Noctiluca scintillans (above) is a beautiful bioluminescent version of red tide that occurs when harmful algae bloom – in other words, their growth gets out of control. Red tide is a common occurrence that can kill marine life either through toxins or depletion of oxygen, and Tolo Harbour is a semi-enclosed bay with poor flushing capacity that is very suitable for the excessive growth of harmful algae. It sees the formation of red tides every year.
Oysters can help by literally consuming the algae that cause red tides. They use their gills to filter the phytoplankton (algae) and particulates from the water.
Oysters at work
This filtering process also reduces high turbidity; cloudy, opaque water or water thick with suspended matter becomes more clear. This allows sunlight to reach deeper into the water, encouraging the growth of seagrasses and supporting various other marine life.
source: Restoration Guidelines for Shellfish Reefs. The Nature Conservancy
However, oysters may become sealed shut owing to accumulated biofouling (build-up) on their shells. Temperatures that are too warm or too cold discourage new oyster spawning, and reduced water oxygen levels hinder oyster growth. Oysters are dependent on being in a suitable range of salinity too. The very algae blooms they have been grown to combat may affect any number of crucial factors, enough to kill them.
For these reasons, Oyster SOS will be carefully monitoring its pilot sites on Kellett Island, Middle Island and Shelter Cove next year before running them full steam across the territory.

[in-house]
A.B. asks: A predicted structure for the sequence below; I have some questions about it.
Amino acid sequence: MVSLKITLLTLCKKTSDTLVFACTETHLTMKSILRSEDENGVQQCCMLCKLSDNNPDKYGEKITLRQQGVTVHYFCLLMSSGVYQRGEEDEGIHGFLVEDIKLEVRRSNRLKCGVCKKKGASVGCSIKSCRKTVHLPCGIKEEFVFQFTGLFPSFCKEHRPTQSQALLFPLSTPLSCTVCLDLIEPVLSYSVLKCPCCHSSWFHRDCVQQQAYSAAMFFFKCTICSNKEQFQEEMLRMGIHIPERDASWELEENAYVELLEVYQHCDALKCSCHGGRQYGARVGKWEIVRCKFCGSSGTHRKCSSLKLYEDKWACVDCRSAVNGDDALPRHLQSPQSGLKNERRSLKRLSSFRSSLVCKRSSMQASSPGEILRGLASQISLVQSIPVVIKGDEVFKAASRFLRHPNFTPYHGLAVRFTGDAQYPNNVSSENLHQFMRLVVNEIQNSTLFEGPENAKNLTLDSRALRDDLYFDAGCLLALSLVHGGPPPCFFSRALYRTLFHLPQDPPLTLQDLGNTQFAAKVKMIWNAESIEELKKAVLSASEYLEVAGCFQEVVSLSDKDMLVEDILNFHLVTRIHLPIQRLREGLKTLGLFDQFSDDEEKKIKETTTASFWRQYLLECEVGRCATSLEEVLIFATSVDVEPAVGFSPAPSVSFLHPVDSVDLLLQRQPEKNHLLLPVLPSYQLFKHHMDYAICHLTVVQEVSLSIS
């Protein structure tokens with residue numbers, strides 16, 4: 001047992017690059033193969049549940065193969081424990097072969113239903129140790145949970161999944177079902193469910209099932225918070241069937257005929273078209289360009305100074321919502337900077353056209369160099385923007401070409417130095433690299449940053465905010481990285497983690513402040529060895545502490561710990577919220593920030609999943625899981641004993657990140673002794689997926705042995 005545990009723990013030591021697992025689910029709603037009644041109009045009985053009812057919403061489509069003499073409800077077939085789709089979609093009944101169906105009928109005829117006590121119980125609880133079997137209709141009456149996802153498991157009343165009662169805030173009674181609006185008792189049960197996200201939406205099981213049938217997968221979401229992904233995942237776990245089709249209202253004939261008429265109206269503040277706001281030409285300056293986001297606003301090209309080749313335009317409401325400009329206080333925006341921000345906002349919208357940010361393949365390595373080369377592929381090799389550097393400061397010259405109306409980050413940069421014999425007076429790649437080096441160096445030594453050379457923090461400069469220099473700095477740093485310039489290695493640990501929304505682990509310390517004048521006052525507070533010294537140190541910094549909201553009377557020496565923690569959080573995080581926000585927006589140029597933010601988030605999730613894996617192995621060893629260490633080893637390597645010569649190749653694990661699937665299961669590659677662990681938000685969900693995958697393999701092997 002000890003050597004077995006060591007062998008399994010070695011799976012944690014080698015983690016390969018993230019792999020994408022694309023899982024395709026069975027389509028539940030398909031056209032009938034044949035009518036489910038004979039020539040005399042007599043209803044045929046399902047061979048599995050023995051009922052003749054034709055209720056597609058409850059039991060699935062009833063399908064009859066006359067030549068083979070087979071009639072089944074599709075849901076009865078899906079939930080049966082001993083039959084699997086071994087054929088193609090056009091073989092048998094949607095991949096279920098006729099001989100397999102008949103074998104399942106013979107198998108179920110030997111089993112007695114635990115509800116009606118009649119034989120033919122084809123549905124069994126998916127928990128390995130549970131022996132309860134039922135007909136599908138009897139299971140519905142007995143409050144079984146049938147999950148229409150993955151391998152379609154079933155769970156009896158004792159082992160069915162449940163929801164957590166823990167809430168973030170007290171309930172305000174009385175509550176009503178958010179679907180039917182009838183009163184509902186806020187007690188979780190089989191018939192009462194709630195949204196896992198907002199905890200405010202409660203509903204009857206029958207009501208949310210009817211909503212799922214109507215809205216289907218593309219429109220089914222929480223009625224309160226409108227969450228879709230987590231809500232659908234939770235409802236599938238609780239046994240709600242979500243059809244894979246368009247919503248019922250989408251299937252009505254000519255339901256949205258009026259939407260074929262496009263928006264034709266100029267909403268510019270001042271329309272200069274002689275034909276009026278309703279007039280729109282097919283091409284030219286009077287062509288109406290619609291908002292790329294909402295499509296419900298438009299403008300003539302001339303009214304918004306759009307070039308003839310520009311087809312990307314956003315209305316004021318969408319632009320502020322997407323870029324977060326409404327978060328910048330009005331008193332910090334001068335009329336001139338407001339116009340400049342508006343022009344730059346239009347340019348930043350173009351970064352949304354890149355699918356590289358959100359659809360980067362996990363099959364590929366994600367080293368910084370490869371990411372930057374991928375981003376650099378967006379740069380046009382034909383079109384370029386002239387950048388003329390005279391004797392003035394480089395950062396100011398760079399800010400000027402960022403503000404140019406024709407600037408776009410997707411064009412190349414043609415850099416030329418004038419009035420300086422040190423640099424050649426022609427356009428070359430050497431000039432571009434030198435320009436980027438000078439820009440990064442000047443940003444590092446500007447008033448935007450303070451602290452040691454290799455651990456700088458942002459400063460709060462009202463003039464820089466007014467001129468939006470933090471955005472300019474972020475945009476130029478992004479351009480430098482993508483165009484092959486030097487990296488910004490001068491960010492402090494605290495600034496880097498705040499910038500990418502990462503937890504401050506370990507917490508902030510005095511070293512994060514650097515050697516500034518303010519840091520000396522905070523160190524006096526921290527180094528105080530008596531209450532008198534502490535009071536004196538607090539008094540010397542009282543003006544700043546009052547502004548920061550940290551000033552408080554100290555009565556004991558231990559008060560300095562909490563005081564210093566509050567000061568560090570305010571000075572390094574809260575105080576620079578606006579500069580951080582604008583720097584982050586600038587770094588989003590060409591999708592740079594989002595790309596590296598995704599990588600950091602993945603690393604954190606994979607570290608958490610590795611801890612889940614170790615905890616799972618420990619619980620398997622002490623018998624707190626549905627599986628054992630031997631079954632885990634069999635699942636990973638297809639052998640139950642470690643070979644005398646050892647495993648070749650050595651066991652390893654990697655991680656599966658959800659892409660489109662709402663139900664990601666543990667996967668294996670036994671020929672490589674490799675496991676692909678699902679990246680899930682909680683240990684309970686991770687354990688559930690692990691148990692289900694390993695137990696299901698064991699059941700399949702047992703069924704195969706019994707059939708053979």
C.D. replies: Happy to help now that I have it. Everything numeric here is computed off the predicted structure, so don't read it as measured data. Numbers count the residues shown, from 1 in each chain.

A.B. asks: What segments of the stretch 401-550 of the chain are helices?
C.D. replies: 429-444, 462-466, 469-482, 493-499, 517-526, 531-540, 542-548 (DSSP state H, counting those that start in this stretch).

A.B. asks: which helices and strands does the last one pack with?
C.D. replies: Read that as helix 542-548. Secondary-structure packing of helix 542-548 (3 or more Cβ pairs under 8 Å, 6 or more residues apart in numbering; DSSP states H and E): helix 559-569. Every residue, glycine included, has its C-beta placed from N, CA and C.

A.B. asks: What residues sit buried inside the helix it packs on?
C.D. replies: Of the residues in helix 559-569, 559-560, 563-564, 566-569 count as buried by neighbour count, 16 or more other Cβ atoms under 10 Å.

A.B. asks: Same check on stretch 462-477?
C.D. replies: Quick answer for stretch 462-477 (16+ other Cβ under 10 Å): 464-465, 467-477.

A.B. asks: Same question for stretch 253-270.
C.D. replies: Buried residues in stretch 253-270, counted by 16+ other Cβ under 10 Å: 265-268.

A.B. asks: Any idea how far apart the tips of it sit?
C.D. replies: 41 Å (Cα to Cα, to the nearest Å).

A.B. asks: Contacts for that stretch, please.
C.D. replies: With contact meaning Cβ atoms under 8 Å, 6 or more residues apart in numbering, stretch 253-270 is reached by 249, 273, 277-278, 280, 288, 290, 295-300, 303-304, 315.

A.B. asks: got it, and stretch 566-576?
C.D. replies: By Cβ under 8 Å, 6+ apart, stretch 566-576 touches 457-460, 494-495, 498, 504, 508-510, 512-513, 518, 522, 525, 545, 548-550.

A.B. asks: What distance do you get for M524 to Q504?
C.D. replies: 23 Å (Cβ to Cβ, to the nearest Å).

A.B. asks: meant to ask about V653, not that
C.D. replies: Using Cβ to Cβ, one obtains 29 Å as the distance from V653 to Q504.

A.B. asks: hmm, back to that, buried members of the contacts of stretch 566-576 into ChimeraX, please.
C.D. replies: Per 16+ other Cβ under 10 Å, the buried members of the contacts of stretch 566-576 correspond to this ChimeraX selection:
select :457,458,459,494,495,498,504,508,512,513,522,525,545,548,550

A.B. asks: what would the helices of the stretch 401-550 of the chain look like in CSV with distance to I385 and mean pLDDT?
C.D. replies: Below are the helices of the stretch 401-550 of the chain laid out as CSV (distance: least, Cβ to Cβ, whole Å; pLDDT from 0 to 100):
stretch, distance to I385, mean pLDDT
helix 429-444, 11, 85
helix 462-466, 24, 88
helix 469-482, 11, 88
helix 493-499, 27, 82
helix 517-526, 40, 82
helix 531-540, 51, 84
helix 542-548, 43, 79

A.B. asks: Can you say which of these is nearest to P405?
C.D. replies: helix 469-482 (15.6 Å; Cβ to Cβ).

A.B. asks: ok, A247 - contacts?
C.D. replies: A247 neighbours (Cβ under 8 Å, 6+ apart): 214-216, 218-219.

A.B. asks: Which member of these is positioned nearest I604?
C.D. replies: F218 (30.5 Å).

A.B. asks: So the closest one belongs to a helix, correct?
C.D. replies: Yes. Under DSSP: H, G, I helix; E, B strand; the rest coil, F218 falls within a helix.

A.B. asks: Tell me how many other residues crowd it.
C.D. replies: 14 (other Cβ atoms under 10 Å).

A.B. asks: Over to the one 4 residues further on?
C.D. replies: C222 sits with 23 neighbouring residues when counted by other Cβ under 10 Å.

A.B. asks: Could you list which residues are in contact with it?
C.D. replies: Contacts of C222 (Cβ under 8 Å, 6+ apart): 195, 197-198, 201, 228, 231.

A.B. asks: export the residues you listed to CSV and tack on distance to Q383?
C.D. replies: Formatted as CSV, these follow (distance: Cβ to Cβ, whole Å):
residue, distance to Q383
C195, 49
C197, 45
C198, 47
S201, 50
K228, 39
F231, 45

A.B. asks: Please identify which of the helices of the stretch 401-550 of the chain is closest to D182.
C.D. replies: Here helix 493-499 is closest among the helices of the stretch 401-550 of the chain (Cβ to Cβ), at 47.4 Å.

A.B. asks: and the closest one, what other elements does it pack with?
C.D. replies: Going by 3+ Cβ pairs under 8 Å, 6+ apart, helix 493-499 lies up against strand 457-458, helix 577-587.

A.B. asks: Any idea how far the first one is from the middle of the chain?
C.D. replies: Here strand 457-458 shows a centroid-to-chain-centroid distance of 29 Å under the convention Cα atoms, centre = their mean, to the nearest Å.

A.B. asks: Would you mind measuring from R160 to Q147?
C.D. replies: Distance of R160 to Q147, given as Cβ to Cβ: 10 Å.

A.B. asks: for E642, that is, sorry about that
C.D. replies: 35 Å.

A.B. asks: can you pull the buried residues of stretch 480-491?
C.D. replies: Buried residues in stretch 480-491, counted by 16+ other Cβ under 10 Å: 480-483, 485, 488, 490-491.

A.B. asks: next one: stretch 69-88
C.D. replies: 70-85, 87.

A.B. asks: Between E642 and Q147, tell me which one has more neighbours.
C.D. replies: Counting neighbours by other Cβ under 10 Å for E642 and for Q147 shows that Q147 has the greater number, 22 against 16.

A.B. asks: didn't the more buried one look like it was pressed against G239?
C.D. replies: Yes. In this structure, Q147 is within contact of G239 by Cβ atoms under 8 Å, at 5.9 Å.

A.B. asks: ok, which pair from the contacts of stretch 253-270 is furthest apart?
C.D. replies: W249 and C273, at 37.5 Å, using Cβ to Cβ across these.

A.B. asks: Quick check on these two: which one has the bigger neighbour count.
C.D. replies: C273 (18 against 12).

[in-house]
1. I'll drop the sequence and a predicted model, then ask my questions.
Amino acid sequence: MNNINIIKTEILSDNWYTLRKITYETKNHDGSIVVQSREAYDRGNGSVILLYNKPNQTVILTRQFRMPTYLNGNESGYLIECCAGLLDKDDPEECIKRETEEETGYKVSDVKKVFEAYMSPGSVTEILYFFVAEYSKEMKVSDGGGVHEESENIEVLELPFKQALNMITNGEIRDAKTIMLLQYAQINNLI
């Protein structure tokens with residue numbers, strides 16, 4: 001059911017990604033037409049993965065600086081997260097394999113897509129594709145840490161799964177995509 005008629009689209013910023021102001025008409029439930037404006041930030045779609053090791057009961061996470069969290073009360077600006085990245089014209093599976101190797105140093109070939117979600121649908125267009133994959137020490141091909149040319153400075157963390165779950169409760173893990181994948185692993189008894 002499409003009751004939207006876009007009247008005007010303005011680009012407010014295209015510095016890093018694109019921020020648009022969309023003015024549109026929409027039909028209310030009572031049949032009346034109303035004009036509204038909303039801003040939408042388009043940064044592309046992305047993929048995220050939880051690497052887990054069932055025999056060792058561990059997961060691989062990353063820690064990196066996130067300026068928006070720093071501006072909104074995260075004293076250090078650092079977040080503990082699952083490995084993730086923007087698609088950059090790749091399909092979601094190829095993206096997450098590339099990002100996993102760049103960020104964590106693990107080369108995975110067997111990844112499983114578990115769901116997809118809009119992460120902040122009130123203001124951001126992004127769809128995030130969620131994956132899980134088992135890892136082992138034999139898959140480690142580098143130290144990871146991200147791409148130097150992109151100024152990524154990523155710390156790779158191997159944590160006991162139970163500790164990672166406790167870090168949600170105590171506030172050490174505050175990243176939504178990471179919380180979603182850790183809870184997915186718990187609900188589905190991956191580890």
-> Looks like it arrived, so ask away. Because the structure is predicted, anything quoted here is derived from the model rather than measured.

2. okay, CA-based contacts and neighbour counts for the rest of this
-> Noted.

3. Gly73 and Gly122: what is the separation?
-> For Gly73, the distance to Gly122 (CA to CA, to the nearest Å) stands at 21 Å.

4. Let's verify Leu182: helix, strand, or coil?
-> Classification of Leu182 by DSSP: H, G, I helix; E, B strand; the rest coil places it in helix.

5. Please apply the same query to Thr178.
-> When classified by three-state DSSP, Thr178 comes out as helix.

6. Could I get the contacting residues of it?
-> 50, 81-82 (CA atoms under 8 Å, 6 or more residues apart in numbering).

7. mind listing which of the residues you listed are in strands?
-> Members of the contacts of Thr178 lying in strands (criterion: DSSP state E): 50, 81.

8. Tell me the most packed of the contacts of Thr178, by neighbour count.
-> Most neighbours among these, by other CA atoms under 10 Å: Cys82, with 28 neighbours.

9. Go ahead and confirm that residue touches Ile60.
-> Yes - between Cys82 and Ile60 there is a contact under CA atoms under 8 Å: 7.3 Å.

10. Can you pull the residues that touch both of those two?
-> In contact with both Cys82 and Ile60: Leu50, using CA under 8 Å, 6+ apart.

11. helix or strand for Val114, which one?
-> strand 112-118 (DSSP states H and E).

Oyster SOS’s projects
- Preparing pilot sites where both oyster shells and live oysters will be separately placed to test their effectiveness in attracting wild oyster larvae (oyster babies) and other marine organisms
- Working with teachers in Hong Kong to develop curriculum and school activities to share knowledge and encourage engagement from the community
You can get in touch by email regarding volunteering and educational opportunities with the Oyster SOS project.
Hong Kong oysters tomorrow
What happens if we get a million or even a billion Hong Kong oysters? Can we eat them?
Bivalves are one of the most sustainable sources of meat known, requiring very little additional food to farm them and actively cleaning the environment in the process.
However, oysters can ingest harmful algae without visible signs of harm to themselves and these toxins can accumulate. Harmful algal blooms (HABs) are caused by many different species of algae. These HABs sometimes manifest themselves as red tides, but if there is no red tide, this does not guarantee that the water is free from harmful algae.
We know Tolo Harbour is particularly susceptible to these HABs, and when we eat oysters that have accumulated a significant amount of toxins from harmful algae such as Karenia mikimotoi, we are at risk from illnesses such as neurotoxic shellfish poisoning and paralytic shellfish poisoning. Fortunately, most algal blooms in Hong Kong are with non-toxic algal species, and only once in a few years do we encounter toxic algae like Karenia mikimotoi.
The “Karen” of the algae world: Karenia mikimotoi
Even though nitrogen levels have been reducing since the Tolo Harbour Action Plan was initiated in 1988, there can be no Billion Oyster eating challenge from Tolo Harbour until HABs are brought under control.
And the Oyster SOS project has a different focus than merely how we can eat more and more delicious oysters.
“The benefits of oyster reefs as a functioning ecosystem, rather than a resource for exploitation, will first need to be demonstrated to local communities by effective restoration and education.”
In order for the project to even properly begin, we must allow the reefs to thrive, protected from destructive behaviour and exploitation.
Hong Kong is a bustling city with significantly developed shorelines and diverse marine life. Imagine showcasing pristine waters, successfully restored reefs and the very best research whilst building a holistic understanding of the societal and environmental effects of oysters in the harbours of our coastal cities.
Then maybe… maybe there will be some for us to eat too.